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Staff photo by Troy Stolt / Dr. Fernando Urrego speaks during a press conference about vaccination for COVID-19 at the Hamilton County Health Department's Golley Auditorium on Tuesday, Dec. 22, 2020, in Chattanooga, Tenn.

Hamilton County leaders and health experts are striking a hopeful tone as the COVID-19 vaccine arrives in Chattanooga despite clear warnings about the dangers gathering for Christmas could mean in the months ahead.

Becky Barnes, administrator for the Hamilton County Health Department, said the department received 1,500 doses of the Moderna vaccine Tuesday and expects to receive an additional 1,800 doses Wednesday. More doses are expected to arrive intermittently in the coming weeks.

The shipment's arrival starts the immediate distribution of the vaccine to those on the front line in fighting the virus and those at most risk of severe cases, including hospital staff, first responders, home health care staff, as well as staff and residents of long-term care facilities, according to the state's distribution plan.

The health department will start administering vaccines at 9 a.m. Wednesday morning at a pop-up location at the Tennessee Riverpark Hubert Fry Center. The nearby park will be closed Dec. 23 and from Dec. 26 to Dec. 29 while vaccines are being distributed.

Barnes said the initial shipment is not enough to vaccinate the entire number of people in Hamilton County who qualify for the first phase so the health department is working with each organization to vaccinate a percentage of each group. Around 11,000 people qualify for the first phase in Hamilton County, though the health department will not have to vaccinate the entire group because some organizations like long-term care facilities already have contracts in place with other groups to conduct the vaccinations.

The health department will send teams with vaccine doses to facilities where people may not otherwise be able to access the vaccination site, Barnes said.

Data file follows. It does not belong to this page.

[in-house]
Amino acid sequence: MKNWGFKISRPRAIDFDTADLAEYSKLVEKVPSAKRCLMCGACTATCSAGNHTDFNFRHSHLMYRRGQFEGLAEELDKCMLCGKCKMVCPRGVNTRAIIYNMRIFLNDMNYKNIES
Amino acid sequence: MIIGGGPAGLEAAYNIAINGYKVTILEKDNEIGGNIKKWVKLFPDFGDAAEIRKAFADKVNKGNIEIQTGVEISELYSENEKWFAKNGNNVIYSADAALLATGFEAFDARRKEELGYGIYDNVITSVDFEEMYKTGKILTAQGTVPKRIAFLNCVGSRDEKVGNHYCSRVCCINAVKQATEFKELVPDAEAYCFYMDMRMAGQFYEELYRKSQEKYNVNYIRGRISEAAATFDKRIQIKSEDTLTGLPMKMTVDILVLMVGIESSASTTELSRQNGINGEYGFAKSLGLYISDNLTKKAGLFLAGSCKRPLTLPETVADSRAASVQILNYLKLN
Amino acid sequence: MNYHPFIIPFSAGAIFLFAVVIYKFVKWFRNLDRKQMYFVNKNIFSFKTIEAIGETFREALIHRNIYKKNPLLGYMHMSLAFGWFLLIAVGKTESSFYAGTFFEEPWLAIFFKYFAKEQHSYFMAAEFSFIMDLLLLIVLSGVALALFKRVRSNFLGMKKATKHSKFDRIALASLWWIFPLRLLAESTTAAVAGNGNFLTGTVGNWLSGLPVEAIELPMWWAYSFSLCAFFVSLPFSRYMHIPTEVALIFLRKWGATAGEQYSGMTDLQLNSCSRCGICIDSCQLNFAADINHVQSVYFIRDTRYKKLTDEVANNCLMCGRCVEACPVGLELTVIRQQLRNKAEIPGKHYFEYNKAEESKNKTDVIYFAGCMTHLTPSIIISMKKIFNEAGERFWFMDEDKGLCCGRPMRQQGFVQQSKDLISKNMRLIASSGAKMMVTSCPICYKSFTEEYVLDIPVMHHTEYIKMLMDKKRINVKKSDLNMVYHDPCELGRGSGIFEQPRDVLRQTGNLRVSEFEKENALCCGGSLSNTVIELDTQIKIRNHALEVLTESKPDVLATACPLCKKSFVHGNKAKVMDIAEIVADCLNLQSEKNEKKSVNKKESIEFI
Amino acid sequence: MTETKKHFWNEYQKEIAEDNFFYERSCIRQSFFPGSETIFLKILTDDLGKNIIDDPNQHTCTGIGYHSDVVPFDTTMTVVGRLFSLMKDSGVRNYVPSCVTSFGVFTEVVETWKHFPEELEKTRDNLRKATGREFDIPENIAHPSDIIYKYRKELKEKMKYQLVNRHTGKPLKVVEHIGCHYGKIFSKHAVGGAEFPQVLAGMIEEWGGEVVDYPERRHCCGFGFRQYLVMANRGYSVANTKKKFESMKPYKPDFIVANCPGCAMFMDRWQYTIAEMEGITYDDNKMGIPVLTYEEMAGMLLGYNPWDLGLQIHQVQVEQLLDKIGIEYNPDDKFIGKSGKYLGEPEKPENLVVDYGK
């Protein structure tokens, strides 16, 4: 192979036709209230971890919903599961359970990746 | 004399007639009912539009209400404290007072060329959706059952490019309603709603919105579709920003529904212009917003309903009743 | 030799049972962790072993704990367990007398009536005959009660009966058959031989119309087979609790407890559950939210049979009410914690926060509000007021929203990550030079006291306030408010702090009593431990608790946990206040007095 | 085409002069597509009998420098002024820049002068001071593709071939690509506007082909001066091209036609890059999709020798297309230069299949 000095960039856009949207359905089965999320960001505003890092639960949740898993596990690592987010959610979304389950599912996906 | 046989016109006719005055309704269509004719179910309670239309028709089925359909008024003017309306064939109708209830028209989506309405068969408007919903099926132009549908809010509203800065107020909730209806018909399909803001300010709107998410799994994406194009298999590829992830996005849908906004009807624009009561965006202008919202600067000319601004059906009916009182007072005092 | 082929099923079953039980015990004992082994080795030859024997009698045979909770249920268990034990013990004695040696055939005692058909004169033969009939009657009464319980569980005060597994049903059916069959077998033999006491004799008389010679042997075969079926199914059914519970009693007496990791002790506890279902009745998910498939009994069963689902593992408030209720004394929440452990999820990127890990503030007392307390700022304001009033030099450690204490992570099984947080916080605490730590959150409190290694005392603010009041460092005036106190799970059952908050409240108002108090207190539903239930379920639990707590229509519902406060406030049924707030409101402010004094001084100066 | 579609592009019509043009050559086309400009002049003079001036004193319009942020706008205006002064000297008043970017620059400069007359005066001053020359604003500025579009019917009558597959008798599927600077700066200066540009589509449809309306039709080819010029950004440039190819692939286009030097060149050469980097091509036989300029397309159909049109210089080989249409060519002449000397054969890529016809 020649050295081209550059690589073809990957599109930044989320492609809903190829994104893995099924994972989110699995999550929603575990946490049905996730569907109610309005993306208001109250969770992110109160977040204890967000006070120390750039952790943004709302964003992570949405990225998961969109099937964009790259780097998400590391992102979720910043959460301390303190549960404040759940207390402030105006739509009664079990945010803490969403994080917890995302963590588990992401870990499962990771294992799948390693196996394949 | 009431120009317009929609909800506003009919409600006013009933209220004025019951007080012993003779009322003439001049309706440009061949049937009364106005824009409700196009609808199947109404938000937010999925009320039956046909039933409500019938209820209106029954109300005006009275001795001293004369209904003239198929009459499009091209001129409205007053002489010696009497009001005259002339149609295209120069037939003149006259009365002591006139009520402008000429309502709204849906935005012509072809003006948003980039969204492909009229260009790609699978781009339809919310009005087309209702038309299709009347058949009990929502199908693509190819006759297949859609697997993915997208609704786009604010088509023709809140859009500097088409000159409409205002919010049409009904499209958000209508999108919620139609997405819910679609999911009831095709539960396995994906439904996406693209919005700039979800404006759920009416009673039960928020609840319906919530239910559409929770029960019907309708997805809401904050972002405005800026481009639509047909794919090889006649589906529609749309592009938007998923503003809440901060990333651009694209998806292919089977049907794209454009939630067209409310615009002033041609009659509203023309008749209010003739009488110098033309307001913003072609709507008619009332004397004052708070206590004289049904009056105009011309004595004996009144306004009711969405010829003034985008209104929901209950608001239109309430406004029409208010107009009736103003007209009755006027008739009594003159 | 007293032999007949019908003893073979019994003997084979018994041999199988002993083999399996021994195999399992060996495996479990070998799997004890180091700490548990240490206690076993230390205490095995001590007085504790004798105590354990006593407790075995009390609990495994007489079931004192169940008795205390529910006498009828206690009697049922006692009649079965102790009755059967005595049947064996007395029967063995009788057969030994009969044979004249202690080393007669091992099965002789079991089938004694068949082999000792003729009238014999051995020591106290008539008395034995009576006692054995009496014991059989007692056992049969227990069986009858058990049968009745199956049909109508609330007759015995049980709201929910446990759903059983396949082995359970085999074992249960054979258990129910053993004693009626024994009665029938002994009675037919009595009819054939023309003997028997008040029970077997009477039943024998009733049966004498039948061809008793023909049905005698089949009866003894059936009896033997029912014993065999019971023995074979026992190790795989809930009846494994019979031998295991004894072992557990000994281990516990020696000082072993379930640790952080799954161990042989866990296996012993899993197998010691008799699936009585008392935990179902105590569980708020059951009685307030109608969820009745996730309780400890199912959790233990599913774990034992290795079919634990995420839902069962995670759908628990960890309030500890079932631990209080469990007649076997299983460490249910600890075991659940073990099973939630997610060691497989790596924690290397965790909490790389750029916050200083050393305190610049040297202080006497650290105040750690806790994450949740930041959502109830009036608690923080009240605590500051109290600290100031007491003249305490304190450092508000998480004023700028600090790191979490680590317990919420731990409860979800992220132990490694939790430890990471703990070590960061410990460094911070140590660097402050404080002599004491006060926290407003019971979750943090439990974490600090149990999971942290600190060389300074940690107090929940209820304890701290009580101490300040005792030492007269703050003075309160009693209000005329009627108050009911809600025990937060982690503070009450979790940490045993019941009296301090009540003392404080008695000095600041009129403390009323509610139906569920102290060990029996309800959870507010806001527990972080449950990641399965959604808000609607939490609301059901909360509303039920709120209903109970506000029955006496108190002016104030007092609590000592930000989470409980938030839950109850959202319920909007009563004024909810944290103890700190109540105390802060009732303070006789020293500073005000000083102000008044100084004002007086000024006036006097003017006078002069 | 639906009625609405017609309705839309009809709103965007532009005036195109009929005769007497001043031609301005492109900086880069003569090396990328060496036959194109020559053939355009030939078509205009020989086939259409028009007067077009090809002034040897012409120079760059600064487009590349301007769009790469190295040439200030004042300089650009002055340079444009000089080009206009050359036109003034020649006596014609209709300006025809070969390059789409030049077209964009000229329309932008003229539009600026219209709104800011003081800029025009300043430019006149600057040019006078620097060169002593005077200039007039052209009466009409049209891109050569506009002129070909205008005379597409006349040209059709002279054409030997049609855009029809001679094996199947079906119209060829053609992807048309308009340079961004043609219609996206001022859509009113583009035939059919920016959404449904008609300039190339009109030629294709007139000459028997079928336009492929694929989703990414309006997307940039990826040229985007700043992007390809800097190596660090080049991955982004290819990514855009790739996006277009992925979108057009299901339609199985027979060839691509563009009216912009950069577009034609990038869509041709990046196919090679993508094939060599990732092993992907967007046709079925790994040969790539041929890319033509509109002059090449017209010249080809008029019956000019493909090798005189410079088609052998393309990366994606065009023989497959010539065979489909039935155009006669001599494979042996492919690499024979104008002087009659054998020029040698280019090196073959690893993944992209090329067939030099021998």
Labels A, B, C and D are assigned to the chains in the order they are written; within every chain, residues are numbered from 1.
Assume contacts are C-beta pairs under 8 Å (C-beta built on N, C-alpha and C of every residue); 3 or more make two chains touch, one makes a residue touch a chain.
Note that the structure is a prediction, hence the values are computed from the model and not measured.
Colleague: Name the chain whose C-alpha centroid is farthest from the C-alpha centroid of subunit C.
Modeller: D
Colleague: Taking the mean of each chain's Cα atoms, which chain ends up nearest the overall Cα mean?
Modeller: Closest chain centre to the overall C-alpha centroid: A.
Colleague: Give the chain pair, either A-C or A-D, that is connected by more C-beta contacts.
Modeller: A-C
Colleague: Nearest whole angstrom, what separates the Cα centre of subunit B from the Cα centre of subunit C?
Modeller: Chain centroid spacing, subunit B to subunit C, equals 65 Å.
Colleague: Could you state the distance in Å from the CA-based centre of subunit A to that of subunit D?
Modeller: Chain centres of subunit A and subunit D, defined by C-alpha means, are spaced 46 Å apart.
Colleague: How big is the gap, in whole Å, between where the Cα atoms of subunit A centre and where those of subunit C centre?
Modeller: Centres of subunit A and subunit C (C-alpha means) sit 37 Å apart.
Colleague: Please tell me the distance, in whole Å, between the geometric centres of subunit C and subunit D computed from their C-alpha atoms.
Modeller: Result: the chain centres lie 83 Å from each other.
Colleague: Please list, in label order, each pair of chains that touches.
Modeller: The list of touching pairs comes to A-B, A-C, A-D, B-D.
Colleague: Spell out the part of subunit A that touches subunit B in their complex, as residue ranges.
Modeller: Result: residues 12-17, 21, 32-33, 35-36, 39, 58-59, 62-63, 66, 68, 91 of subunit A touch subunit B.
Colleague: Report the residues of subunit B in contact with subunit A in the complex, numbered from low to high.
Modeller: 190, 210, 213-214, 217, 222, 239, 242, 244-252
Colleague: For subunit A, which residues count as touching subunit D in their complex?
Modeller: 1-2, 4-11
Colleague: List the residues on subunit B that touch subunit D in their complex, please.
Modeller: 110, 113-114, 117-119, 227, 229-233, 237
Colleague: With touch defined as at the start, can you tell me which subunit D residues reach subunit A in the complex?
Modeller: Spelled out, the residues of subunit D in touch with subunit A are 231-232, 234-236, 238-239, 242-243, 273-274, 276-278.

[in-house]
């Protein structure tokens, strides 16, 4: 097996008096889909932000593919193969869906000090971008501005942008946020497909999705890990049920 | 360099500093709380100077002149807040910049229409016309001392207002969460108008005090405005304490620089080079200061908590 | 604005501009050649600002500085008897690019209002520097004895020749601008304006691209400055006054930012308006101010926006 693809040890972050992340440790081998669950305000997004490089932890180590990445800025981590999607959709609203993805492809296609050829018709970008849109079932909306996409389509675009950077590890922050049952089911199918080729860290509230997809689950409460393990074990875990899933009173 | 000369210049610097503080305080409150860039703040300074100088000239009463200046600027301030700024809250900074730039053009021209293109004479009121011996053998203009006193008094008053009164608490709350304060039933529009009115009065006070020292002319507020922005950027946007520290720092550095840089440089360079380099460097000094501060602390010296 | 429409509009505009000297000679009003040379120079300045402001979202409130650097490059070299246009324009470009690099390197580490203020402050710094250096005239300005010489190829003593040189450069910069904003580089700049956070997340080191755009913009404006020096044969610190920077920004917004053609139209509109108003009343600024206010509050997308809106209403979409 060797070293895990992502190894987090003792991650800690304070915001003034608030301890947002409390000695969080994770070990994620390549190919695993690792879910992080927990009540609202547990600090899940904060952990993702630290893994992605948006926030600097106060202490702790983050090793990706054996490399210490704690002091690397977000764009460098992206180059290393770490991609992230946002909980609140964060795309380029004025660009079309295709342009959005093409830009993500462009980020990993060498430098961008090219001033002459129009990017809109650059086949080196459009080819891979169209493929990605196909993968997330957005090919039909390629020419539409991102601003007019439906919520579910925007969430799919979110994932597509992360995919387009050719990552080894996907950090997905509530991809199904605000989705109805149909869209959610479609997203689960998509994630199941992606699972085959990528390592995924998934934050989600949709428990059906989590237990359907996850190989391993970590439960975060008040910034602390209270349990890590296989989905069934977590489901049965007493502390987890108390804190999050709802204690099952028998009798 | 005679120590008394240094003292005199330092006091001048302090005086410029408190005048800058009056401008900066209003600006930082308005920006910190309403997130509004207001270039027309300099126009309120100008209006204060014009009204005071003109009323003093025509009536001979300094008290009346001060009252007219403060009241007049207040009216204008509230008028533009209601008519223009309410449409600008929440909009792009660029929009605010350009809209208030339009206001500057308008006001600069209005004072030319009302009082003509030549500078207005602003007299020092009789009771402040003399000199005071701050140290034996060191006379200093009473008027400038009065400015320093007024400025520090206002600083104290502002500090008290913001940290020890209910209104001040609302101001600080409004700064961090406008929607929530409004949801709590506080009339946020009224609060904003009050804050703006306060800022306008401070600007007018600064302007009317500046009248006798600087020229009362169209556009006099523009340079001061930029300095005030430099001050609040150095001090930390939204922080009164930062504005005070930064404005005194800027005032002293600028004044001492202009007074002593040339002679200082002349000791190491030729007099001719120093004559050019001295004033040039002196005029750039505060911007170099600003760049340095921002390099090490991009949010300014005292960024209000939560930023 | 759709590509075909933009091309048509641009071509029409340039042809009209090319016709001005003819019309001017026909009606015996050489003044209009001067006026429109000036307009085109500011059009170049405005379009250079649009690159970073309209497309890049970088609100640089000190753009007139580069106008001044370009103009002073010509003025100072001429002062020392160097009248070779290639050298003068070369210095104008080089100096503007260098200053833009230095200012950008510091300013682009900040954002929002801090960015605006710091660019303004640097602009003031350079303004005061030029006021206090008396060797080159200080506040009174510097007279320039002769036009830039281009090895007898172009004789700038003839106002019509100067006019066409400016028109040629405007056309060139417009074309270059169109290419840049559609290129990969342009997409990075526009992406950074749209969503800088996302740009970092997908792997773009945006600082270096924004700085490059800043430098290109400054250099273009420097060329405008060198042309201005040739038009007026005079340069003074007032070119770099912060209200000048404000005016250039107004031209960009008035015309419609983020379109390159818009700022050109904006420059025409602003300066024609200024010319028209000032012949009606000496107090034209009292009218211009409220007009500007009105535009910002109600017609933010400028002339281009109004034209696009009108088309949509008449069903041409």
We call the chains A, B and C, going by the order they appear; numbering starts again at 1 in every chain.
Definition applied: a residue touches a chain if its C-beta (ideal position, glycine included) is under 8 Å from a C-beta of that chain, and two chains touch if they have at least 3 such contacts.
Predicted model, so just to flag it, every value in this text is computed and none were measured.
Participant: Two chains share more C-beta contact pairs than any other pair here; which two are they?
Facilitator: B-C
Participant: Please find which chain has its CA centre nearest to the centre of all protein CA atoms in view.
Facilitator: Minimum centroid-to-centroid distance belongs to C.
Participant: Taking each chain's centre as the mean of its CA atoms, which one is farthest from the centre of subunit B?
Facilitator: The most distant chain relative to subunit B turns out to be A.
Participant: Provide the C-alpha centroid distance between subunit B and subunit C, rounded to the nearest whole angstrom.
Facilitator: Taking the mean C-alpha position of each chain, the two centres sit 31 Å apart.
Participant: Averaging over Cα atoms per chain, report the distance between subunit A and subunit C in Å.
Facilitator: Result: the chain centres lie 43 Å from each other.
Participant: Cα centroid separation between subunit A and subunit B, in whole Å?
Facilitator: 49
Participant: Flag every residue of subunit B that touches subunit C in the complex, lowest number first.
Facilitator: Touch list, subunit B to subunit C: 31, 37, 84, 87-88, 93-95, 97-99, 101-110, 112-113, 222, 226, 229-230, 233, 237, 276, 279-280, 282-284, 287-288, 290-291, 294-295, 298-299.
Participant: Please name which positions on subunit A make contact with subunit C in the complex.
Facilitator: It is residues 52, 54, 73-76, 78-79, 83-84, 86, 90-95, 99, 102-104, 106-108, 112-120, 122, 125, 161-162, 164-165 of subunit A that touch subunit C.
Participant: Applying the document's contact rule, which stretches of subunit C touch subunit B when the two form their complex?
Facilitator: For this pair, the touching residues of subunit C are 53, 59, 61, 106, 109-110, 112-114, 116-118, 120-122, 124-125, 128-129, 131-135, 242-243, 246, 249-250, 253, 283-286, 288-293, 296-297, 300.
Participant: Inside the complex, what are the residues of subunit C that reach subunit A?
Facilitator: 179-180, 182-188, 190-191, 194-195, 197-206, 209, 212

"Today is truly a historic day for us at the health department and also for the community," she said.

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Hamilton County press conference on COVID-19 vaccinations

The news comes as Hamilton County is in some of the worst weeks of the pandemic to date. On Tuesday, the health department reported 519 new cases and 3,927 active cases. Meanwhile, COVID-19 is raging across Tennessee, making the state among the worst in the nation for per capita cases. The surge has brought swift criticism toward Gov. Bill Lee, who has continued to decline opportunities to implement a statewide mask mandate. The governor has instead left the decision up to local county mayors to create any such requirements.

"The reason statewide mask mandates, I believe, are not helpful is because they're controversial," Lee said. "Everyone who wants a mask mandate is already wearing a mask."

Instead, the governor issued a new executive order Sunday restricting public indoor gatherings to no more than 10 people.

Rae Bond, chair of Hamilton County's COVID-19 Joint Task Force, said local residents need to be cautious with the Christmas holiday just days away. The voice of caution and to follow recommendations to not meet with people outside your household echo similar calls from around Thanksgiving.

The recent spike in cases and hospitalizations is linked to the gatherings that still took place, Bond said during a Tuesday news conference.

"We had a significant surge in cases that has been attributed to gatherings," she said. "The majority of COVID cases in our community actually are among people under the age of 40. While they may be able to fight the virus successfully and even only have some minor symptoms, when they share the virus with older friends or older relatives or coworkers those folks may not be so fortunate."

Hamilton County Mayor Jim Coppinger said local hospital systems are "stressed" and "stretched" and urged people to follow the guidance of wearing a mask, washing their hands and keeping their distance from others. The good news is the vaccine has arrived but it will be weeks before many can access it so the community must stay vigilant, Coppinger said.

"What we're seeing right now in our hospitals and in our community is certainly a rather large uptick in the number of new cases as a result of the gatherings at Thanksgiving," he said. "What we want to do is reach out again to the community and ask you to think this through, think this through as you plan your Christmas gatherings."

Contact Wyatt Massey at wmassey@timesfreepress.com or 423-757-6249. Follow him on Twitter @news4mass.

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